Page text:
Patrick Campbell’s iconic Sonoma estate is now under new management. Has it changed?
Sonoma County receives far less attention for its Cabernet Sauvignon than for its Pinot Noir but the county includes several sites that produce distinctive examples worthy of attention. One of the earliest examples, Laurel Glen Vineyard on Sonoma Mountain (pictured here, overlooked by Mayacamas mountain, by Patrick Campbell), was established in the 1960s at a time when relatively few acres of the variety existed in the state. The site has since become one of the state’s heritage Cabernet sites.
German immigrants settled much of the south-eastern portion of Sonoma County near the town of Sonoma in the late 1800s. Relying on mixed farming to make their living, these settlers planted field blends of vines through the area. A small portion of the Laurel Glen site still has these old vines which today are used to make rosé.
The eastern face of Sonoma Mountain is one of the coolest parts of the North Coast where Cabernet will ripen reliably. The AVA is partially defined by its elevation. Sitting between 400 and 1,200 ft (122–366 m), it experiences less-dramatic temperature swings over the course of the day than much of the county. The result is that the vines are protected from the most extreme heat of summer that can affect neighbouring Sonoma Valley. But night-time temperatures are slightly higher, allowing fruit to slowly develop overnight while away from direct sun exposure. The combination allows for varieties such as Cabernet to ripen adequately but in a generally cooler climate.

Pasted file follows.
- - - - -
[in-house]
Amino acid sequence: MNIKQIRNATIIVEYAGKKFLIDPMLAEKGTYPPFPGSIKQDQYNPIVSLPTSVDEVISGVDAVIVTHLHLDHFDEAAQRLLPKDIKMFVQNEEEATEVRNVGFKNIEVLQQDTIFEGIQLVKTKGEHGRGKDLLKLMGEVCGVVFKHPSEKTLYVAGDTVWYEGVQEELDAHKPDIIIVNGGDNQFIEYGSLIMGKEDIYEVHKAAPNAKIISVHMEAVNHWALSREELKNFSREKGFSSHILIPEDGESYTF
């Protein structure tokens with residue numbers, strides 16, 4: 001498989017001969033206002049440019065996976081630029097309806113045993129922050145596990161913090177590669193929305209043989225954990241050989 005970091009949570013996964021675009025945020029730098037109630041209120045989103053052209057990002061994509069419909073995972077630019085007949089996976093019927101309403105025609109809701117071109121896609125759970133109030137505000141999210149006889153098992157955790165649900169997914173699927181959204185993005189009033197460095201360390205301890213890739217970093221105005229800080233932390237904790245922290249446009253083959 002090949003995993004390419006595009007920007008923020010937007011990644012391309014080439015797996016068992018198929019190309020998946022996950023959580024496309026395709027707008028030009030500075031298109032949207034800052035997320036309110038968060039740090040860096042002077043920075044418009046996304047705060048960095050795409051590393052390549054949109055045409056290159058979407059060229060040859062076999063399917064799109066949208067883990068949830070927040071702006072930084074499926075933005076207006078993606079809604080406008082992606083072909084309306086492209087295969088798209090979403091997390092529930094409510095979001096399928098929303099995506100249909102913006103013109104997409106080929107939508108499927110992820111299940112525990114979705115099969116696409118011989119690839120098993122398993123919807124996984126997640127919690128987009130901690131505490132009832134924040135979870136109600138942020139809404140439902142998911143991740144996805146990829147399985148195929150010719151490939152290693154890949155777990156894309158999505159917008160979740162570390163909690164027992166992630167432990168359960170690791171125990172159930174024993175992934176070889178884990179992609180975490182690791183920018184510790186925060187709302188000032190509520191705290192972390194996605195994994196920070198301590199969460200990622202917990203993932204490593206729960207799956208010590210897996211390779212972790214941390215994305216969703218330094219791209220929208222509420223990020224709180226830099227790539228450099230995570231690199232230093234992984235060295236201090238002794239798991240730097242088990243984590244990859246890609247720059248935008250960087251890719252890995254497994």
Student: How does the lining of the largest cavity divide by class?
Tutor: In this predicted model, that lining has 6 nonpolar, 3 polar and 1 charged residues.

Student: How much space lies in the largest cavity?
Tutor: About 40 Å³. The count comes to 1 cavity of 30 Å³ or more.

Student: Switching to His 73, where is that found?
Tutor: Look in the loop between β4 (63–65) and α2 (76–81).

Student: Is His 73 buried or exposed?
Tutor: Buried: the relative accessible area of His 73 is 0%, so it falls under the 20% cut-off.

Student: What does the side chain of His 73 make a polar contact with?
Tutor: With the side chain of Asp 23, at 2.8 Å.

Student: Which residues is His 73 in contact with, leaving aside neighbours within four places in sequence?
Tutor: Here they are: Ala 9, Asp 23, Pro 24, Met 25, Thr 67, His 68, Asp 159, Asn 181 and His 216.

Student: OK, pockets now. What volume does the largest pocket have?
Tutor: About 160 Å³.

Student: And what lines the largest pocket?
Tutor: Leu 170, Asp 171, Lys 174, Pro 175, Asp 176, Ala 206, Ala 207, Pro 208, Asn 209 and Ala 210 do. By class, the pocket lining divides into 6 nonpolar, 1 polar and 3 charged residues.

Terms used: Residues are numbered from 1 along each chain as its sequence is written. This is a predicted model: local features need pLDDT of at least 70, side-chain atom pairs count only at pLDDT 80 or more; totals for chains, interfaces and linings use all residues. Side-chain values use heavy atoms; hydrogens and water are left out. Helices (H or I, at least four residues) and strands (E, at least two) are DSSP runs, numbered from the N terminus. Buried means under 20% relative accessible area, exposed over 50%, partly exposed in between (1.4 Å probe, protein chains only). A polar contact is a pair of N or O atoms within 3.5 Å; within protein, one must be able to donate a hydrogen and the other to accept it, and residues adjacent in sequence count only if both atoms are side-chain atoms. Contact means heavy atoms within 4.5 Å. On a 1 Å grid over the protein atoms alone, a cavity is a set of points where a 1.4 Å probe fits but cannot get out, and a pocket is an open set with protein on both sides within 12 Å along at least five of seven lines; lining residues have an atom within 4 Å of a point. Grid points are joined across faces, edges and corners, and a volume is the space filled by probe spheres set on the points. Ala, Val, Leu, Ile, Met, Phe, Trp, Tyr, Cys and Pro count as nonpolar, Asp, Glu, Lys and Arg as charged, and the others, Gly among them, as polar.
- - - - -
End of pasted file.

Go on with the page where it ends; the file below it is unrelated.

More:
Soils on Sonoma Mountain are an iron-rich, reddish-brown, rocky volcanic loam. Cabernet from the area often carries a sort of ferric element characterised …
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